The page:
Objective: To investigate the management of continuous subcutaneous insulin infusion (CSII) in adolescents with type 1 diabetes including their administration of bolus doses and to study relationships between insulin omission and metabolic control, body mass index, daily frequency of self-monitoring of blood glucose (SMBG) and bolus doses, health-related quality of life (HRQOL), the burden of diabetes and treatment satisfaction.
Methods: Ninety CSII-treated (> or =6 months) adolescents aged 12-18 yr, from four diabetes clinics in Sweden, participated in the study. The adolescents recorded their meal intake the previous day, which was compared with downloaded pump data, and the frequency of missed boluses was stated. Haemoglobin A1c (HbA1c) and diabetes-related data were recorded. HRQOL and treatment satisfaction were measured with questionnaires.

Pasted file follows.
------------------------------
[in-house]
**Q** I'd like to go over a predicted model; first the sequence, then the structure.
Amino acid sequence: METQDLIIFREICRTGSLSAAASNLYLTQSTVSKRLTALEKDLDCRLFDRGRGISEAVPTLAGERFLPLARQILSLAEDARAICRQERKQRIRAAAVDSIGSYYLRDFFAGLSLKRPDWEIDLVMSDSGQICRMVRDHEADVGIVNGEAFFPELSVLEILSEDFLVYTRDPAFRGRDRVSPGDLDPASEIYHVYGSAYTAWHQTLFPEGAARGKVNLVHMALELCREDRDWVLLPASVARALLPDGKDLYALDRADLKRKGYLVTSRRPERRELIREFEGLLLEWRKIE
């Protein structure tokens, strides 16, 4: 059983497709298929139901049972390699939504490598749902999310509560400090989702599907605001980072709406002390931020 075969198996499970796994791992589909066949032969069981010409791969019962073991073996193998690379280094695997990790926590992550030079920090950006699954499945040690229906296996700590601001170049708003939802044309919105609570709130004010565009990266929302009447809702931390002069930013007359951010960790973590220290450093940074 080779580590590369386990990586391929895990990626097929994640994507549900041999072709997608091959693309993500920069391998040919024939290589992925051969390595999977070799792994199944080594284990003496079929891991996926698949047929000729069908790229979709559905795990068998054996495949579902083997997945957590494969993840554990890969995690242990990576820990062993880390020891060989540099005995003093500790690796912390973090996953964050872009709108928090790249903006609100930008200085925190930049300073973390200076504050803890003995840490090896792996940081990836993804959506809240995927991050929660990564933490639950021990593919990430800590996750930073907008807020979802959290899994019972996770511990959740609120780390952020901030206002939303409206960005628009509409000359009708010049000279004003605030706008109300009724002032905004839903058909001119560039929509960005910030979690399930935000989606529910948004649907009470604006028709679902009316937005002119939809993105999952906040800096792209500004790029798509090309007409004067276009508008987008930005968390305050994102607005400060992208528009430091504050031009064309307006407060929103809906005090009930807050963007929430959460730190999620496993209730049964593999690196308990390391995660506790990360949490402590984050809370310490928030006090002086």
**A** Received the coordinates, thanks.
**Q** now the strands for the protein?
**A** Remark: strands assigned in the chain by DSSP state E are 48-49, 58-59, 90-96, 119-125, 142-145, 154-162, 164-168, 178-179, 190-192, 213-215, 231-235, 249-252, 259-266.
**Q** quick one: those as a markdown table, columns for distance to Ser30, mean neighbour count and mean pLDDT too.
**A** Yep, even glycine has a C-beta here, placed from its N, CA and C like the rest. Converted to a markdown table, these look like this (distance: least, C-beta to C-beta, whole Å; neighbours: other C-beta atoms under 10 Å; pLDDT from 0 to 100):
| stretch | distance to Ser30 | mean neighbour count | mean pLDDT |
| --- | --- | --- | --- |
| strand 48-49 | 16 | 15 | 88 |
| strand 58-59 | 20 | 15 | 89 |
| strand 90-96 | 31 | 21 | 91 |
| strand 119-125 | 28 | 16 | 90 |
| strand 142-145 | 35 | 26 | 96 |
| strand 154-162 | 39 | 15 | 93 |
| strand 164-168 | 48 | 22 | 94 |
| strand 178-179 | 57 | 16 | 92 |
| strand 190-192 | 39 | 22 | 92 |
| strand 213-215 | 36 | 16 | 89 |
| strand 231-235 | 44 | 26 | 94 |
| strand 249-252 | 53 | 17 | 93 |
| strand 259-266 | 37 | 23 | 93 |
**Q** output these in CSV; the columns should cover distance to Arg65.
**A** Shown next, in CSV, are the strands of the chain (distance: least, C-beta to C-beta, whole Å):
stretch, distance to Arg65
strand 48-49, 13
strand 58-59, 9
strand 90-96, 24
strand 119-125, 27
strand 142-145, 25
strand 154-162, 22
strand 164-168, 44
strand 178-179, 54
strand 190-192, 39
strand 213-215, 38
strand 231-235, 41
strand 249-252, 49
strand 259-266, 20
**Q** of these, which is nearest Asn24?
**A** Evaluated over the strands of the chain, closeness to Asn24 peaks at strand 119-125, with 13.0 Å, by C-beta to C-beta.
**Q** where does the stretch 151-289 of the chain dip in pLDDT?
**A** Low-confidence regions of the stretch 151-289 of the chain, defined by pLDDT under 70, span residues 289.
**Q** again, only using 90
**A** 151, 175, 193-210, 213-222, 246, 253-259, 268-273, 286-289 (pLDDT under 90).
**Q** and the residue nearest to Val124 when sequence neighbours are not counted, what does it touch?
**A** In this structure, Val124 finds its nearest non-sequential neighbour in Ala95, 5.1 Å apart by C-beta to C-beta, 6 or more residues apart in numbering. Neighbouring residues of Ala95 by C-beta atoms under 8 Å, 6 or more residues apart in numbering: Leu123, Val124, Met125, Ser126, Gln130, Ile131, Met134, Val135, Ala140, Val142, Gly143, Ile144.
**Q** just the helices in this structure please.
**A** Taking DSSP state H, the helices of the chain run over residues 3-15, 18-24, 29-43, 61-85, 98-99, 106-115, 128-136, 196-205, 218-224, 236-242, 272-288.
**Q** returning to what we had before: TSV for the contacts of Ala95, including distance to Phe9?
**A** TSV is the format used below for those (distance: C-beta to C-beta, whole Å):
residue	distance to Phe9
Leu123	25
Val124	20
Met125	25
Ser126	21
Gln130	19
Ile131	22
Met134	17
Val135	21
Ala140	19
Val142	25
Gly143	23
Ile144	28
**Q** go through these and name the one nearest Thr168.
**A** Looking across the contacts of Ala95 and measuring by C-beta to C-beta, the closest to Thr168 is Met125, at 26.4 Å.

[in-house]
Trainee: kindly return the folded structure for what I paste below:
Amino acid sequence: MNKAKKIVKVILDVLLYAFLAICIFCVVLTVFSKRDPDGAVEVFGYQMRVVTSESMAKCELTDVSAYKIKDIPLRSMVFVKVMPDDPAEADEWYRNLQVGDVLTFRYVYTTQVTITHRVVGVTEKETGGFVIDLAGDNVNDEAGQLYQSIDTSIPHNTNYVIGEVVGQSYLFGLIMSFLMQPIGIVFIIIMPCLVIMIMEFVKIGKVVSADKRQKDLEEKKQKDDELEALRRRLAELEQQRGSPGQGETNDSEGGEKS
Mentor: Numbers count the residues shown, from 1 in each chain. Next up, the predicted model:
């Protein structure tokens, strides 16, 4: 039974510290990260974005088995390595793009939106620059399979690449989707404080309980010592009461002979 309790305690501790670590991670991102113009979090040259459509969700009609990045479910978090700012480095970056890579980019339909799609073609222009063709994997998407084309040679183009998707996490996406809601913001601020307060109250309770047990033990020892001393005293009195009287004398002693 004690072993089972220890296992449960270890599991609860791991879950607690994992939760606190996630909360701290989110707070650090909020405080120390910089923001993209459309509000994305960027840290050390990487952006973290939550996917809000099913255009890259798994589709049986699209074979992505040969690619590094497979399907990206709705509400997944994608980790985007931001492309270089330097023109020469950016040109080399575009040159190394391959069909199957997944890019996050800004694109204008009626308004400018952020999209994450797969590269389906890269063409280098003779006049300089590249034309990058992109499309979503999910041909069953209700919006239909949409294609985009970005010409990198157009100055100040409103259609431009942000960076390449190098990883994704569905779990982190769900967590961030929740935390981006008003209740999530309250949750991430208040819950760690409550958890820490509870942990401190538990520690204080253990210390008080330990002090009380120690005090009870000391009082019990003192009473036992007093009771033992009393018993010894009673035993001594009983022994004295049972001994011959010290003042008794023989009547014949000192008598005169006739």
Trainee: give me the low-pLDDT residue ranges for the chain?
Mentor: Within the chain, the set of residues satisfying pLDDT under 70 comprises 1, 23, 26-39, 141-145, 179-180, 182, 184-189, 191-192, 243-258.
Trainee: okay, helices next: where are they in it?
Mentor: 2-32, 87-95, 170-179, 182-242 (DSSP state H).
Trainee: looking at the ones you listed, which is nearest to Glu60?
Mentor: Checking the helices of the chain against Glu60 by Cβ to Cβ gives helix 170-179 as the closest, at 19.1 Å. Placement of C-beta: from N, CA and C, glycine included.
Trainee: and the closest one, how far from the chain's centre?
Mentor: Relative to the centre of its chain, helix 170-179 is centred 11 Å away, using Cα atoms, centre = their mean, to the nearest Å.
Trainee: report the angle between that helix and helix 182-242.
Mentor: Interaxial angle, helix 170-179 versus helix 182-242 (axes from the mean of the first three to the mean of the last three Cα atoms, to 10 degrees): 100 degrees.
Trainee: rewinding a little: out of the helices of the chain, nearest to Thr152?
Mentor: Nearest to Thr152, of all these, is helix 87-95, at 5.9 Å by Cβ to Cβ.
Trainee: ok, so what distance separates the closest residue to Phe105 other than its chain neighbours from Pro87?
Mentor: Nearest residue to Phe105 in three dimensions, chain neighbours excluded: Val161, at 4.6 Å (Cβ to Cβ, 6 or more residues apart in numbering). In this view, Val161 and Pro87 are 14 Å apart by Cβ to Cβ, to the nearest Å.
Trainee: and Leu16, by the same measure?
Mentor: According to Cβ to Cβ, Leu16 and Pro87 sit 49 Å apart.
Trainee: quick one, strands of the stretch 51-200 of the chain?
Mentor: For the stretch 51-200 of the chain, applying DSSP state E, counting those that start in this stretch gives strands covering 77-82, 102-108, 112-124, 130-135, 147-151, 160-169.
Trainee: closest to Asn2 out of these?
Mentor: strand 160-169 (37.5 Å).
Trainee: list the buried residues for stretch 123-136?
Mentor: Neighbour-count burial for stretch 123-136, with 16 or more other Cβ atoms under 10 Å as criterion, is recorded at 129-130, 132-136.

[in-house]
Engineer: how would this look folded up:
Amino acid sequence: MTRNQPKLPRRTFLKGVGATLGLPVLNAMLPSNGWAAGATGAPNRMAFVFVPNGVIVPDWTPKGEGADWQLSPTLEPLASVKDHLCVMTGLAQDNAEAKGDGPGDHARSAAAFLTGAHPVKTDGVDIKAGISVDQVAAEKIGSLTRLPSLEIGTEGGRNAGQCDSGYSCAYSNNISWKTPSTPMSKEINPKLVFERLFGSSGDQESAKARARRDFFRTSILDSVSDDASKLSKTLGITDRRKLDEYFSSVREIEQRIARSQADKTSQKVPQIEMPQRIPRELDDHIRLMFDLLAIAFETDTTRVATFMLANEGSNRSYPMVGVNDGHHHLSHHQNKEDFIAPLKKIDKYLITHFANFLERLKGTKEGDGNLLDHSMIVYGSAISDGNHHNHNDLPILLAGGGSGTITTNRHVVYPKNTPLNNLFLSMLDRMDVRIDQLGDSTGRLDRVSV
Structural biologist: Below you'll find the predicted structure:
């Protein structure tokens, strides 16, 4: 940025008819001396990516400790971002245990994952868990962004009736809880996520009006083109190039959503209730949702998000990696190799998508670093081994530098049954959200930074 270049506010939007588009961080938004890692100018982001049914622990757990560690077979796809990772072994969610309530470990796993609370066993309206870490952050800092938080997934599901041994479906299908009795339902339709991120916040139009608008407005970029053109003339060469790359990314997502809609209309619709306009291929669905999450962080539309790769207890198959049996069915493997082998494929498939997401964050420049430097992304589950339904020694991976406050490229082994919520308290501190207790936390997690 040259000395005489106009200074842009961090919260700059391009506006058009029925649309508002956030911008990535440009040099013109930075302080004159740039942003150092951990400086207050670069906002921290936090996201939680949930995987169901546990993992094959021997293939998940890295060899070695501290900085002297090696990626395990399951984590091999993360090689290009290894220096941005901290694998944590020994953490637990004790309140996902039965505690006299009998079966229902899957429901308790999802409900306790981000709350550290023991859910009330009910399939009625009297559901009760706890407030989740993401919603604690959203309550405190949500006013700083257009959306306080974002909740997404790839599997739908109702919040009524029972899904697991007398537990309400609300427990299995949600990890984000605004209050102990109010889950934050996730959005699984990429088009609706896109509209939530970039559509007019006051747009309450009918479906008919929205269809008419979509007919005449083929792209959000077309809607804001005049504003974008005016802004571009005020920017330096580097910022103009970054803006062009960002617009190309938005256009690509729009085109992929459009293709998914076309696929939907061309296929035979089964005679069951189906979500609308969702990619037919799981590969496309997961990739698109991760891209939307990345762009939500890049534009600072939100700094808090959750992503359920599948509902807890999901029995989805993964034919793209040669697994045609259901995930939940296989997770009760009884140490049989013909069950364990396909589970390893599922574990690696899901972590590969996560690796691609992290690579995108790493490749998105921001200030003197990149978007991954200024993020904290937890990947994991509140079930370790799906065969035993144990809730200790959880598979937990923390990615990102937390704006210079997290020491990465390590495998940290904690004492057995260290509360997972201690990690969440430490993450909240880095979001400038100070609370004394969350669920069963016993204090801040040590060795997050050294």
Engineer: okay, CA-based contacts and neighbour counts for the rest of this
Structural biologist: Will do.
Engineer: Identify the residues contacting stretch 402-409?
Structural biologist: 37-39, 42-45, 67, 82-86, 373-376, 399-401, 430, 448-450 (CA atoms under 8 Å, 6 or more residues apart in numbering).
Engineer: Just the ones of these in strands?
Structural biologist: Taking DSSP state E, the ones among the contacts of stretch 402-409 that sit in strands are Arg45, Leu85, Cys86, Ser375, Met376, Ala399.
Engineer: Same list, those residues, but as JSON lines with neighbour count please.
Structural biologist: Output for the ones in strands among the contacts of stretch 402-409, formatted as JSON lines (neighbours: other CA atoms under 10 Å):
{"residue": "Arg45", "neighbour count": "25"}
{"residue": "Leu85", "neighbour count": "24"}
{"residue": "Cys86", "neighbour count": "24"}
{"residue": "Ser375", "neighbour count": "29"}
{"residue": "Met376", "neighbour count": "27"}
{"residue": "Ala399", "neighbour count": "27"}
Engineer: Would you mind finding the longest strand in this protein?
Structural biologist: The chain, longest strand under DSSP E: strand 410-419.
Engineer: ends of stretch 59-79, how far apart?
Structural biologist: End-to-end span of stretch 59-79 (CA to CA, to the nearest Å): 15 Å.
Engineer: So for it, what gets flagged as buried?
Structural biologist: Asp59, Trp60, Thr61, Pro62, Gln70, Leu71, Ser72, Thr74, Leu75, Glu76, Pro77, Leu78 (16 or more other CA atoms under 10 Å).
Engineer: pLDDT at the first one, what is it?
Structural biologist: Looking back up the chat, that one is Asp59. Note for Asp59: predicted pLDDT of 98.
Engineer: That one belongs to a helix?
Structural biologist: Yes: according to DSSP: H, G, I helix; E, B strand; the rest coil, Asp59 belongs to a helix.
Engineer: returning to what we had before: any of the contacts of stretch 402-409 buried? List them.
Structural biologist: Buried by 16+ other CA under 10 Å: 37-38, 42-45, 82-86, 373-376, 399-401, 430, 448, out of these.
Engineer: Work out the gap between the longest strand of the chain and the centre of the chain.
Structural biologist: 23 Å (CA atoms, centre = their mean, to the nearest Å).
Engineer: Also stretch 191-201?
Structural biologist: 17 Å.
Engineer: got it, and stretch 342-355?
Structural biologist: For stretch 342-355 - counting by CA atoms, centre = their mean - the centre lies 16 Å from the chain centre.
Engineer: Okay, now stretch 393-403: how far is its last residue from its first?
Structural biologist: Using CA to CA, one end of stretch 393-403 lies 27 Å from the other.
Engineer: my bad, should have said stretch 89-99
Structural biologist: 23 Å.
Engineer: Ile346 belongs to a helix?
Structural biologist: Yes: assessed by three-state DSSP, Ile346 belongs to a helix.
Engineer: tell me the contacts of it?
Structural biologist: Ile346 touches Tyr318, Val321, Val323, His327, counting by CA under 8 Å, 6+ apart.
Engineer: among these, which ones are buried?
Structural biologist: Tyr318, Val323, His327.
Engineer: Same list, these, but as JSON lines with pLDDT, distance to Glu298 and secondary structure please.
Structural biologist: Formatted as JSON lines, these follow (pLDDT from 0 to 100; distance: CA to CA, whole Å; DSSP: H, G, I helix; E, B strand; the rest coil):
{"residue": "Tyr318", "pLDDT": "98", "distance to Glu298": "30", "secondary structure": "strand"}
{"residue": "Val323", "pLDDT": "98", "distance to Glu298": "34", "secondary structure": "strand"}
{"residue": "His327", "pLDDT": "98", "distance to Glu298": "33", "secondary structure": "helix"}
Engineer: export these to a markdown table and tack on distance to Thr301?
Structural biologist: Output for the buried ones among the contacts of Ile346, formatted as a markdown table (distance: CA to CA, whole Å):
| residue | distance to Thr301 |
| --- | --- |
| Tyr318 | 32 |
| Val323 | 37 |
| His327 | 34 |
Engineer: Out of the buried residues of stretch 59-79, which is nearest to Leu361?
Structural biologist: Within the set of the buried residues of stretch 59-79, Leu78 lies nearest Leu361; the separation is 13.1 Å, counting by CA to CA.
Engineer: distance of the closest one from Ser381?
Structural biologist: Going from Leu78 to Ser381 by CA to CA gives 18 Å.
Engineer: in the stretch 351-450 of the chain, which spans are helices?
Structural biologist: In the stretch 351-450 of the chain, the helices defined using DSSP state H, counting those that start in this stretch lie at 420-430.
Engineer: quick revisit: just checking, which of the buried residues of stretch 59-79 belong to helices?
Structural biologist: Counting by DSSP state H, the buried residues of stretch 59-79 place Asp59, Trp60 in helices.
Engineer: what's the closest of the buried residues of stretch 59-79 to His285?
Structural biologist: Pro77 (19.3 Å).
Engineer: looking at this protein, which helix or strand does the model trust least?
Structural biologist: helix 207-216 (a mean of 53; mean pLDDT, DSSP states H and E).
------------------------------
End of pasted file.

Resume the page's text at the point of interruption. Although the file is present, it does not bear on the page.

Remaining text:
Results: Thirty-eight per cent of the adolescents had missed >15% of the doses the previous day, those had higher HbA1c (7.8 +/- 1.0 vs. 7.0 +/- 1.2%, p = 0.001), took fewer daily boluses (3.8 +/- 1.7 vs. 5.3 +/- 1.7, p < 0.001) and SMBG (2.4 +/- 1.8 vs. 3.6 +/- 1.8, p = 0.003), were less satisfied with their treatment (4.8 vs. 5.3, scale 0-6, p = 0.029) and perceived the medical treatment more negatively (72.1 vs. 79.7, scale 0-100, p = 0.029). Multiple linear regression analysis showed that the variations in HbA1c could be explained by the frequency of bolus doses (p = 0.013) and SMBG per day (p < 0.0001) adjusted for duration and age (r(2) = 0.339, p < 0.0001).
Conclusion: Insulin omission was common. Those who missed doses were less satisfied and perceived more impact with the treatment. The frequencies of daily boluses and SMBG were associated with metabolic control. Diabetes teams need strategies to guide adolescents on how to avoid insulin omission.